If homecare is an option, Adult Social Care or the home care provider can assess the person’s needs and a support plan can be drawn up. The person with dementia should participate as fully as possible in the assessment and planning. If they are unable to participate, family members can assist or an advocate may be required.
The person with dementia will respond best to stable care staff who know them well. Continuity of care can be provided with either care agencies or carers employed directly by the person or their family.
Staff can be employed if the person pays privately or receives a direct payment from Adult Social Care to contribute towards their care.
Find dementia homecare services
Dementia care homes
According to the Alzheimer’s Society, one-third of people with dementia live in care homes, and more than two-thirds of care home residents have dementia or memory problems.
Having dementia doesn’t change who the person is, each person with dementia is a unique individual with their own emotional, physical and social needs as well as hopes, aspirations and values.
Meeting these needs with an individually tailored care plan enables the person to experience the best possible quality of life. Subsequently, a good care home will offer a person-centred approach to dementia care. This means that the unique qualities and interests of each individual will be identified, understood and accounted for in any care planning.
The person with dementia will have an assessment and an ongoing personalised care plan agreed across health and social care that identifies a named care coordinator and addresses their individual needs.
They must also have the opportunity to discuss and make decisions together with their carers about the use of advance statements, advance decisions to refuse treatment, Lasting Power of Attorney and Preferred Priorities of Care.
One size doesn’t fit all
It is important that care and support options are tailored as one size does not fit all. Some options can work well for one individual but prove to be stressful and unsuitable for another person
In order to help the person with dementia feel more comfortable in their surroundings, you can:
- Ensure staff can get to know the person with dementia by telling staff about their likes and dislikes.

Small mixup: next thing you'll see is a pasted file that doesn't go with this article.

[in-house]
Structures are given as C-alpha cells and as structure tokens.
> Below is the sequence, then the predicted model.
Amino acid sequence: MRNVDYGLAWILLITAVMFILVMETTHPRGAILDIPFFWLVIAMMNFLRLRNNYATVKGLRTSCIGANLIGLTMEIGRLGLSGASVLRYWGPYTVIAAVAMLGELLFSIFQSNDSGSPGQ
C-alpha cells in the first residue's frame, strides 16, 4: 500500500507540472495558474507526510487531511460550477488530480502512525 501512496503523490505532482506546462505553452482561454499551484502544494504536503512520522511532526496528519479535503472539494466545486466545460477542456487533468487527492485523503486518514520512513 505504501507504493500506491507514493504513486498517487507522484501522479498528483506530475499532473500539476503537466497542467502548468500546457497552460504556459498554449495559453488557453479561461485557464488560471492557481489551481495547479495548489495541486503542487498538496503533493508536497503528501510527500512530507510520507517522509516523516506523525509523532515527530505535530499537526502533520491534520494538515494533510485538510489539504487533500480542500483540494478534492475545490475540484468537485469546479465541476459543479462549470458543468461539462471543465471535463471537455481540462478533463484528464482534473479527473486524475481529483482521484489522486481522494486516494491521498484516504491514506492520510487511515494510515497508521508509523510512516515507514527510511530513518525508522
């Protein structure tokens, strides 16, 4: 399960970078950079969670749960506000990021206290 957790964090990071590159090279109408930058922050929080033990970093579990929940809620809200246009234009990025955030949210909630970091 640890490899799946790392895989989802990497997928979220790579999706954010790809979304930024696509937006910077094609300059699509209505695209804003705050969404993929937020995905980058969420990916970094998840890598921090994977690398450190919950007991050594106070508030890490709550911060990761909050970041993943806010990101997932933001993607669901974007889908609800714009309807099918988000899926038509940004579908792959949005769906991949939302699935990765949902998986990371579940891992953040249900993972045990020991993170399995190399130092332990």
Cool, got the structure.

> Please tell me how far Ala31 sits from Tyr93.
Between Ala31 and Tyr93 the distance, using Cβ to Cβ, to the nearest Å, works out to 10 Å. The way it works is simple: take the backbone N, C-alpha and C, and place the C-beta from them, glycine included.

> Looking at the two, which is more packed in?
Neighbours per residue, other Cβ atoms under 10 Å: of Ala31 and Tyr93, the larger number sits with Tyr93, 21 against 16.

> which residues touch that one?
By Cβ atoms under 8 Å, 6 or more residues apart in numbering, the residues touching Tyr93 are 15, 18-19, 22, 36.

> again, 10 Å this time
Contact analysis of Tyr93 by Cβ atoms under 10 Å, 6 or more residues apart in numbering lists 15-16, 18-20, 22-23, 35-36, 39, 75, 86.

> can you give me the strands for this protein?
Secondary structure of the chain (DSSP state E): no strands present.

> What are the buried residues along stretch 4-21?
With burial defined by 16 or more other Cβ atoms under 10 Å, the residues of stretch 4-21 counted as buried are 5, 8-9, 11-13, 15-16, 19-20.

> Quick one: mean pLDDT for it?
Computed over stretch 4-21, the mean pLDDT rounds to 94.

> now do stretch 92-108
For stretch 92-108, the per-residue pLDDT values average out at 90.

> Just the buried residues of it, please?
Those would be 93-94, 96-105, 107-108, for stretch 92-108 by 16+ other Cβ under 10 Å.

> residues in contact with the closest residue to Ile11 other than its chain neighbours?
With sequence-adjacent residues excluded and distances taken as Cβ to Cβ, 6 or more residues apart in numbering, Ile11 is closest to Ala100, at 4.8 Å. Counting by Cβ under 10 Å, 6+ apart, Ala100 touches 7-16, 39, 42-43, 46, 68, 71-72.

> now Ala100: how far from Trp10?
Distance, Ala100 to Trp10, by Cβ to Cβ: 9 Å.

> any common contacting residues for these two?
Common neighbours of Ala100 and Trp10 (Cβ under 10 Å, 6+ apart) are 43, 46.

- Making sure the individual has belongings that bring comfort and have meaning can also help them settle in.
- Providing life-story books can be a good way of helping the staff and the individual to recall details.
Within the home itself, much of the environment is down to the attitude and skills of the manager and staff:
- Do they try to enable those with dementia to exercise choice and personal preferences even in later stages of their condition?
- Who is the person in charge of championing dementia care best practice in the home?
Dementia-specific training is needed to ensure care home staff have an understanding of how best to support and care for people with dementia.
The design of a care home specialising in dementia should be based on small group living, preferably with accommodation on one level. Opportunities to go in and out of the building should be within a safe and accessible environment.
Plenty of natural light and an easy way of finding one’s way around the building and grounds are essential for minimising disorientation.
People with dementia sometimes need a helping hand to go about their daily lives and feel included in their community. Dementia Friends is an initiative to change people’s perception of dementia.
They help people gain an understanding of dementia and the small things they can do to make a difference to those with the condition. This can be anything from helping someone find the right bus to spreading the word about dementia.
Visit www.dementiafriends.org.uk for further information.